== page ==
Gas shutdown strikes region near Pullman

A crew works on a ruptured gas line along U.S. Highway 195 north of Pullman Wednesday night. (Credit: Liesbeth Powers / Daily News)
A crew works on a ruptured gas line along U.S. Highway 195 north of Pullman Wednesday night. (Credit: Liesbeth Powers / Daily News)


Underground pipeline north of Pullman accidentally ruptured, resulting in interruption of natural gas service; outage ‘could last several days’

More than 36,000 residences, businesses, schools and other buildings in the region are without natural gas following the rupture of a pipeline Wednesday afternoon north of Pullman.

The gas interruption happened after a worker running an excavator damaged an underground pipeline around 12:40 p.m. Crews from Williams Companies, an energy company that owns the pipeline, were on the scene 4 miles north of Pullman working to fix the damage into the night Wednesday.

Within hours of the rupture, gas service began to wane in southeastern Washington and north central Idaho. According to Avista Utilities, which provides gas service, the communities affected include Pullman, Moscow, Albion, Palouse, Uniontown, Colton, Genesee, Troy, Bovill, Deary, Asotin, Lewiston and Clarkston, the company said on its Facebook page.

No gas means no heat for Avista customers who have gas-powered furnaces. And those with gas hot water heaters will be without hot water.

The utility company said the outage “could last several days.”

As for a more specific timeline, “that’s something we’re hoping to get our arms around tomorrow,” said Jared Webley, Avista’s senior communications manager.

Starting at 5 a.m. today, Avista crews will be manually shutting off gas lines in a house-by-house process, Webley said. Workers won’t need to enter residences to turn off the lines. The company is also providing customers with instructions for shutting down their own gas lines.

This will be done so the system can be “purged,” Webley said. The gas can’t safely be turned back on until the system is purged.

Williams said in a news release that it anticipates the ruptured line being fixed this afternoon. But that probably won’t mean an immediate resumption of gas service.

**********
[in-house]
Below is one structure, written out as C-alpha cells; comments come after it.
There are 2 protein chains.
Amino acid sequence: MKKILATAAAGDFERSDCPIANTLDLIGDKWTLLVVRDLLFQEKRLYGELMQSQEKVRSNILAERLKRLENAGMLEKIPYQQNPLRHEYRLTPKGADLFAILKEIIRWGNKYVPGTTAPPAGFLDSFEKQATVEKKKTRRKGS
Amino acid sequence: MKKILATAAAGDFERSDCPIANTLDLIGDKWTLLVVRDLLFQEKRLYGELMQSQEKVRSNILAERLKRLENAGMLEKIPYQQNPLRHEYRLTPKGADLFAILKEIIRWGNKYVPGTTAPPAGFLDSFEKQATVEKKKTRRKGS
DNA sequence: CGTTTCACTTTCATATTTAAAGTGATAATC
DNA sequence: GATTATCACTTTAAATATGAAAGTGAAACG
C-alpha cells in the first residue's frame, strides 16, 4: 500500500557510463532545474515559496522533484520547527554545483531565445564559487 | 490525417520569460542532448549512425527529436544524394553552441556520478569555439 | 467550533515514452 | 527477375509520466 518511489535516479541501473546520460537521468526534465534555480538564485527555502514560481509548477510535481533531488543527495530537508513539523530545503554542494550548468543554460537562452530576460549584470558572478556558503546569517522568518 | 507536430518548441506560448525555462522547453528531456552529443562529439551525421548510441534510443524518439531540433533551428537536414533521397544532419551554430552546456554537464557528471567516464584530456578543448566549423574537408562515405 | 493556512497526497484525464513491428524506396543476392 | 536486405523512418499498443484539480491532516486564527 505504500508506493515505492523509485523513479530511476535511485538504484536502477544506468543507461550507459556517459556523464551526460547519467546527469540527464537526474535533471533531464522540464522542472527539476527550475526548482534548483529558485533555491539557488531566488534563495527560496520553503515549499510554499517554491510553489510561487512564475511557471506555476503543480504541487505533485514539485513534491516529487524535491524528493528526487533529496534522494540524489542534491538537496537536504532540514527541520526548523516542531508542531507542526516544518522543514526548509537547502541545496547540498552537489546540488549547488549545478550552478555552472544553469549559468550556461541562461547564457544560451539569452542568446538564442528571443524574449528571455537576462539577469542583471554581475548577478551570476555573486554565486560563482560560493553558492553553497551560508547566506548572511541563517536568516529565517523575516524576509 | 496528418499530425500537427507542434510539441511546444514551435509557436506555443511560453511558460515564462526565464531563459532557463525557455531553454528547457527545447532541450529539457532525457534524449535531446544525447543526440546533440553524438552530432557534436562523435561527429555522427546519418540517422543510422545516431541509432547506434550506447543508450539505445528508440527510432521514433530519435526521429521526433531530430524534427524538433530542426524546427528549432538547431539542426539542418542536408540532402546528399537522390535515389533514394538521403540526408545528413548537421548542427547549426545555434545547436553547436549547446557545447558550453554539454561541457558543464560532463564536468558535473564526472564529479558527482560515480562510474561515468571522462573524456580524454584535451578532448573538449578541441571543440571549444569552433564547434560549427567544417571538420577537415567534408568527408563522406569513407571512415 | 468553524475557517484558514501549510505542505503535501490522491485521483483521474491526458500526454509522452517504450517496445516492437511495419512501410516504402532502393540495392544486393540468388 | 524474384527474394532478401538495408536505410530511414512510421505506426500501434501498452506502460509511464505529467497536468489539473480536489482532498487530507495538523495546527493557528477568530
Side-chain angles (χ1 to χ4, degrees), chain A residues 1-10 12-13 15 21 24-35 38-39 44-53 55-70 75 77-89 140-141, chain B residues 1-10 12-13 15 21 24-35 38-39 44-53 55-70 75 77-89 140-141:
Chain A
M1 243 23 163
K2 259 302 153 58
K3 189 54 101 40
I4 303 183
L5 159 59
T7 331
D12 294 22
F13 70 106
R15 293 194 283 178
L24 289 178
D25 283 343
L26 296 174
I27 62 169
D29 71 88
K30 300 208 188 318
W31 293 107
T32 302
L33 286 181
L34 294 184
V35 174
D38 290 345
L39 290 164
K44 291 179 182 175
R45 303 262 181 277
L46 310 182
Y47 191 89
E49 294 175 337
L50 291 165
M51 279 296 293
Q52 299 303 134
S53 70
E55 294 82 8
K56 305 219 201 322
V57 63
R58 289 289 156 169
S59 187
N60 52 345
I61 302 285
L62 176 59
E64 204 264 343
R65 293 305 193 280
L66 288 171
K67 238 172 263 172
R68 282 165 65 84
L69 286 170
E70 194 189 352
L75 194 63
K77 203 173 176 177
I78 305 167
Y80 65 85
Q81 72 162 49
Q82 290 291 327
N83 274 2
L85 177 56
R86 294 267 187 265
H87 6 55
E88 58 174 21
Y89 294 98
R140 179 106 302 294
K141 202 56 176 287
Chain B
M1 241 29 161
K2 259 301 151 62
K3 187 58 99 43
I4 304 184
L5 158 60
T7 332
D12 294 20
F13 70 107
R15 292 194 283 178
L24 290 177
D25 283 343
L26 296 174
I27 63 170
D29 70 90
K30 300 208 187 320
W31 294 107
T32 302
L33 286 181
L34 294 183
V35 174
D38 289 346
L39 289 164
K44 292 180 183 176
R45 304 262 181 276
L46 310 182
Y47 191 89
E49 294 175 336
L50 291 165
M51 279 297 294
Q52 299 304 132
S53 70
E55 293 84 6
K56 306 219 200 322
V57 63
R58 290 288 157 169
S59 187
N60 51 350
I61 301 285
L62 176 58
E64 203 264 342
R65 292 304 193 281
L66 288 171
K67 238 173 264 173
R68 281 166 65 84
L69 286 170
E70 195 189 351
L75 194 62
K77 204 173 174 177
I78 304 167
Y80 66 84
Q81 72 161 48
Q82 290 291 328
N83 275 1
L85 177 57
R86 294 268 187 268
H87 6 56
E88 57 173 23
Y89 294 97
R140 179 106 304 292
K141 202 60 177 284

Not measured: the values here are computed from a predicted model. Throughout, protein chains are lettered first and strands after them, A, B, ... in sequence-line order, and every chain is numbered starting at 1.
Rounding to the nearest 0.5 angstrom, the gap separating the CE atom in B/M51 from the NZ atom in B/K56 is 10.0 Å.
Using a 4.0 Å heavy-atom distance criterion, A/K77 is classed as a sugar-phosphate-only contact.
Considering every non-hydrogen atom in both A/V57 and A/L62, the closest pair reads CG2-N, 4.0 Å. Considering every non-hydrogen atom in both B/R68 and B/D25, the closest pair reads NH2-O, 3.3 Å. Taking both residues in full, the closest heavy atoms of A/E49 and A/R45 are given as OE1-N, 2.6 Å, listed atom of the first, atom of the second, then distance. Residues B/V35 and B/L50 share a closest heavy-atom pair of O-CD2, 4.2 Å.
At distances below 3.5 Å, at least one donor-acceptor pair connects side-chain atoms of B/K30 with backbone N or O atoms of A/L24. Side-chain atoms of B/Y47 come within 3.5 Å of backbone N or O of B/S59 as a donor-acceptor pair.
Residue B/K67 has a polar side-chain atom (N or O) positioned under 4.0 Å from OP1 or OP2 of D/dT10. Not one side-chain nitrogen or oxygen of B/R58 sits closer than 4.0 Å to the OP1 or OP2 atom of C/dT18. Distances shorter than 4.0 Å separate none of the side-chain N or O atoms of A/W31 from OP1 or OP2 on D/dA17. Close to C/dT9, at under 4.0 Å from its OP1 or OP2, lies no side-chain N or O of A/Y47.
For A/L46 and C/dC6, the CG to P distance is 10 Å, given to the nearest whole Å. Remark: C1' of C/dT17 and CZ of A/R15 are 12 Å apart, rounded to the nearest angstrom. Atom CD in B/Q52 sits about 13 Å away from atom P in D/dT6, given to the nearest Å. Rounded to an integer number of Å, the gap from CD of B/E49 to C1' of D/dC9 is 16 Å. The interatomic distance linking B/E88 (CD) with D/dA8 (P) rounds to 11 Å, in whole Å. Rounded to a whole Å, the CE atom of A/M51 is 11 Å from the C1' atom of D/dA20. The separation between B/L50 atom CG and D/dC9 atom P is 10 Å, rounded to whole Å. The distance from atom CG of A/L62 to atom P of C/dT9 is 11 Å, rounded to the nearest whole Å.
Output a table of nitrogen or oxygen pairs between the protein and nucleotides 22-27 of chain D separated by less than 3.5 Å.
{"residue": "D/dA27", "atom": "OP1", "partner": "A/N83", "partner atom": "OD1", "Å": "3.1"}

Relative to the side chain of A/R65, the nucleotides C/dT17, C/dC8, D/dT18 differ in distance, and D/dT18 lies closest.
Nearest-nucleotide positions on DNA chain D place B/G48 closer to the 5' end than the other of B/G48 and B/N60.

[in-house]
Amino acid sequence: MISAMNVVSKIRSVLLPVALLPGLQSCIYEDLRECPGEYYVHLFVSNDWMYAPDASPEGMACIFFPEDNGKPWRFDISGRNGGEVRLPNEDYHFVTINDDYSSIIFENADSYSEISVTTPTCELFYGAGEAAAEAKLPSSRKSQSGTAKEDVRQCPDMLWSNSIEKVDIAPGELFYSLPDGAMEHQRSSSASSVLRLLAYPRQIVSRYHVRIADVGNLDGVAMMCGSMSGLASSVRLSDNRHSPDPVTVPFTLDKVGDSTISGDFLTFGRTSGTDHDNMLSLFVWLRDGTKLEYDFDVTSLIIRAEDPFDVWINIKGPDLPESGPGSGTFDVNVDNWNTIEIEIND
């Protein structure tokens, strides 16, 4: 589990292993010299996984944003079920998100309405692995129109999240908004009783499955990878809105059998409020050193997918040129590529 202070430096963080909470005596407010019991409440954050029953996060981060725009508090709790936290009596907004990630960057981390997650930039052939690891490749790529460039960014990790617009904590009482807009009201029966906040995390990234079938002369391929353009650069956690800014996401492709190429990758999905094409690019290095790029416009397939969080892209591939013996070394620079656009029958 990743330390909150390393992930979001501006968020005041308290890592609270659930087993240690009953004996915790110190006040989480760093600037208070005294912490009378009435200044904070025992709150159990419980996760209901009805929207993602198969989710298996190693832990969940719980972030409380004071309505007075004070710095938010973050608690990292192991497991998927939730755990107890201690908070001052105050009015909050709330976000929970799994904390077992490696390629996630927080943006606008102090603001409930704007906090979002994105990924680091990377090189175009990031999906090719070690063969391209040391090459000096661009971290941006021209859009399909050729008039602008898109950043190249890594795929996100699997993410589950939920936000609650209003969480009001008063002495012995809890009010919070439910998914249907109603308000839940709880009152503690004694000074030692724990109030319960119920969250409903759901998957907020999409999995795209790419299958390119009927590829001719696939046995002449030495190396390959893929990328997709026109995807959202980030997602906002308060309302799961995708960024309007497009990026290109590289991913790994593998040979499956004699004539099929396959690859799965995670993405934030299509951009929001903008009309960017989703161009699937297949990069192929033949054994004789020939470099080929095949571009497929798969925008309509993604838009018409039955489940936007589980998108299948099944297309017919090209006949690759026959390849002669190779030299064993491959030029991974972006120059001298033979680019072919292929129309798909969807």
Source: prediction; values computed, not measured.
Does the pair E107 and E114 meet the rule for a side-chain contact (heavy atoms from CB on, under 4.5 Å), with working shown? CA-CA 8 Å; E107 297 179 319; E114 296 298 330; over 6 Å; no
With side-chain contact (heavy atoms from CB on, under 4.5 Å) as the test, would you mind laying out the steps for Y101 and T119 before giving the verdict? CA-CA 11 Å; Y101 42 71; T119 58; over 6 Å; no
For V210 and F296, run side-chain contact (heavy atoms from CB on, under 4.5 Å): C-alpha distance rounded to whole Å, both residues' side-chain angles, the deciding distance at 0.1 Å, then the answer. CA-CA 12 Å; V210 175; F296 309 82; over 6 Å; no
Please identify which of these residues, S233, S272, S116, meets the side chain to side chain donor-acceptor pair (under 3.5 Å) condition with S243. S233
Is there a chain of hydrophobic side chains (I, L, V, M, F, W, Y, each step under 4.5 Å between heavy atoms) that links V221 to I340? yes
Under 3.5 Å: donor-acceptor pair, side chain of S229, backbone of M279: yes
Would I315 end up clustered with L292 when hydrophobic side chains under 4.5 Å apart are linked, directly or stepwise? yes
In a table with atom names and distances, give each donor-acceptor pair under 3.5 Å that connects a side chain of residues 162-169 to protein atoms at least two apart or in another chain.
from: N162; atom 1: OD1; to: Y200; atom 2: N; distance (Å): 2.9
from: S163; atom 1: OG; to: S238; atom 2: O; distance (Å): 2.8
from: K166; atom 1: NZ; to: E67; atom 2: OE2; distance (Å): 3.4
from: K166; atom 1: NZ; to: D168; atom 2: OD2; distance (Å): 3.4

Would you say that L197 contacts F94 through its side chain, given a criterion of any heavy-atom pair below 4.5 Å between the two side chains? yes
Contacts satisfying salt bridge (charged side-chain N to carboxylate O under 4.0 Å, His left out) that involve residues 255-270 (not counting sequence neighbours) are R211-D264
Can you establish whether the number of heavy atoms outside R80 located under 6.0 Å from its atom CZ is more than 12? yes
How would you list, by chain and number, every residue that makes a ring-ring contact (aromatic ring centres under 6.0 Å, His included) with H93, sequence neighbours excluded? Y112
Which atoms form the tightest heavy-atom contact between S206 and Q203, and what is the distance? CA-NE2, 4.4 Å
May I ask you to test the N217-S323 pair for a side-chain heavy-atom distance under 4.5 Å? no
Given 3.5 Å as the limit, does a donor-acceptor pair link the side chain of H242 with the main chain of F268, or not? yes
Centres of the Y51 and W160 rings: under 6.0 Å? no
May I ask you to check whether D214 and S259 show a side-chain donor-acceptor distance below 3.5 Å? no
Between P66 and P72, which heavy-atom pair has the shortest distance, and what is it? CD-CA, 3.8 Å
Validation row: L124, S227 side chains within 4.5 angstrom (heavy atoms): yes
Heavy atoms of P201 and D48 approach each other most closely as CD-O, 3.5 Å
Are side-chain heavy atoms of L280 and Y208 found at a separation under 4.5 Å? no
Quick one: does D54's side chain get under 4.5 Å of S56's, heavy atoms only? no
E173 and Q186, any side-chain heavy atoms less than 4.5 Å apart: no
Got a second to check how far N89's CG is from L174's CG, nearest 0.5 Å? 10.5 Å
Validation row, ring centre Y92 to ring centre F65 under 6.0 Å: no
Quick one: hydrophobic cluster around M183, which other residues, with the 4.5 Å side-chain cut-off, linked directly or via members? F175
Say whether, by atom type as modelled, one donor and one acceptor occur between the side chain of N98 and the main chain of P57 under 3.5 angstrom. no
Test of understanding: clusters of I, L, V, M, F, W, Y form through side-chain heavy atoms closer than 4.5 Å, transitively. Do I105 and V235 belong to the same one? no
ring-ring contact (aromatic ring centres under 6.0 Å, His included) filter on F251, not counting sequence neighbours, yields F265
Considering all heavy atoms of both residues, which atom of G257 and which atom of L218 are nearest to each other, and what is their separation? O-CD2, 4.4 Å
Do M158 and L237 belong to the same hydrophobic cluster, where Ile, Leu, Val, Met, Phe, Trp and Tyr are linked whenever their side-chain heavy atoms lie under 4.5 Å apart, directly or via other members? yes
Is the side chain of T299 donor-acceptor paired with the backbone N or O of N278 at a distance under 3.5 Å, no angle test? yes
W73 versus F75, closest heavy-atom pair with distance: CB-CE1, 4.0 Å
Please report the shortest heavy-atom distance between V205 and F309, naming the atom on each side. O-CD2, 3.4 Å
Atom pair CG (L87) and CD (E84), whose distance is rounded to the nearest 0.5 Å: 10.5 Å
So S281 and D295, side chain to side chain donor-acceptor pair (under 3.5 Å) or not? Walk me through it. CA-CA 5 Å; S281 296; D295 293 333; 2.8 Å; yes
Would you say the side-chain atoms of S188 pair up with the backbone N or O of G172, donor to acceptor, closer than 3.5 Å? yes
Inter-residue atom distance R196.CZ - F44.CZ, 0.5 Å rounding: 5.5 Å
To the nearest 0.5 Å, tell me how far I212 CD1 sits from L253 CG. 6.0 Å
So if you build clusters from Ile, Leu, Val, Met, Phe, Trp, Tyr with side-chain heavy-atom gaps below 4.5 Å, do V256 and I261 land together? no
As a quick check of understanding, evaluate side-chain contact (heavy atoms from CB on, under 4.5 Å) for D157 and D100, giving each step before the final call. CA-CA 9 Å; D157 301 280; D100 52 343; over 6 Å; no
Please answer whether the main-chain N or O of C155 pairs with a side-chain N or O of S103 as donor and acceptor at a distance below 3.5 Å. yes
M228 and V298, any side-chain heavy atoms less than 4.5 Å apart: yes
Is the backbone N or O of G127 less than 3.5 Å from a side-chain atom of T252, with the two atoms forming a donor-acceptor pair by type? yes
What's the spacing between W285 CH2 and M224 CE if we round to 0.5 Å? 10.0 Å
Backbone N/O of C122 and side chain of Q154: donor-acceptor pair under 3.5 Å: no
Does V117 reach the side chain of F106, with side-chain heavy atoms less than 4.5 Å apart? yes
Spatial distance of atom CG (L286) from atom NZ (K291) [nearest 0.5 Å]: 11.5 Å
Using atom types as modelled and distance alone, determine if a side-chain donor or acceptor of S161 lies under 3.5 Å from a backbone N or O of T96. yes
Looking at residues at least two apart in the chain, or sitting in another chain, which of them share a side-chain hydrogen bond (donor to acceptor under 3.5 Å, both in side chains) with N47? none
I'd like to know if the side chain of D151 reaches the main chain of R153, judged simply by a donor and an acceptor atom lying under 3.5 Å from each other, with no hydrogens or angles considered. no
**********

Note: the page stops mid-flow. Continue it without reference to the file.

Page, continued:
Once the system is purged and the gas is turned on, each appliance will have to be relighted. That task must be done by an Avista worker — not customers, Webley said. The workers will have to enter each building to relight furnaces and water heaters.

Word about the gas outage quickly spread Wednesday afternoon. Stores in the Lewiston-Clarkston Valley sold out of electric heaters. Restaurants closed for the night. Some schools announced they will be closed today.

The public kindergarten through 12th grade schools in Lewiston, Clarkston, Moscow, Genesee and Garfield-Palouse announced they will be closed Thursday. The University of Idaho will also be closed. The city of Moscow announced all of its nonessential business offices will be closed Thursday. Lewis-Clark State College announced classes will go forward as normal today, with school officials working on “temporary campus solutions.”

Washington State University doesn’t anticipate any changes to its operation, said Phil Weiler, vice president for marketing and communications. Many buildings on campus are heated through a steam plant that is normally fueled by natural gas, he said. After the institution was alerted by Avista about the outage, it converted the steam plant to diesel fuel.

Residents in the Lewiston-Clarkston Valley flocked to area businesses to purchase heaters for their homes or their relatives.

Jake Kehret, of Lewiston, bought two heaters at Costco, one electric and one gas, to help his wife and teenager children stay warm. They also have plenty of blankets to help keep warm.

“Our house doesn’t have a fireplace, which we were looking for (when buying a home) for this exact reason,” Kehret said.

He said the experience will be like “doing a little indoor camping.”

Steve Trimmell, assistant general manager at Costco, said business at the Clarkston store was normal until about 1 p.m. or 2 p.m., then people started coming in.

“We sold every portable heater we have,” he said.

The pipeline near U.S. Highway 195 was “accidentally damaged by a third-party,” Williams said in a statement to the media. There were no injuries, fires or explosions as a result of the accident, the company said.

The weather forecast over the next few days in the area affected by the gas outage shows high temperatures in the upper 50s and lows right around the freezing point of 32 degrees. That will mean chilly nights for those without an alternate source of heat.

Baney, Brewster, Pearce and Kuipers can be contacted at [email protected].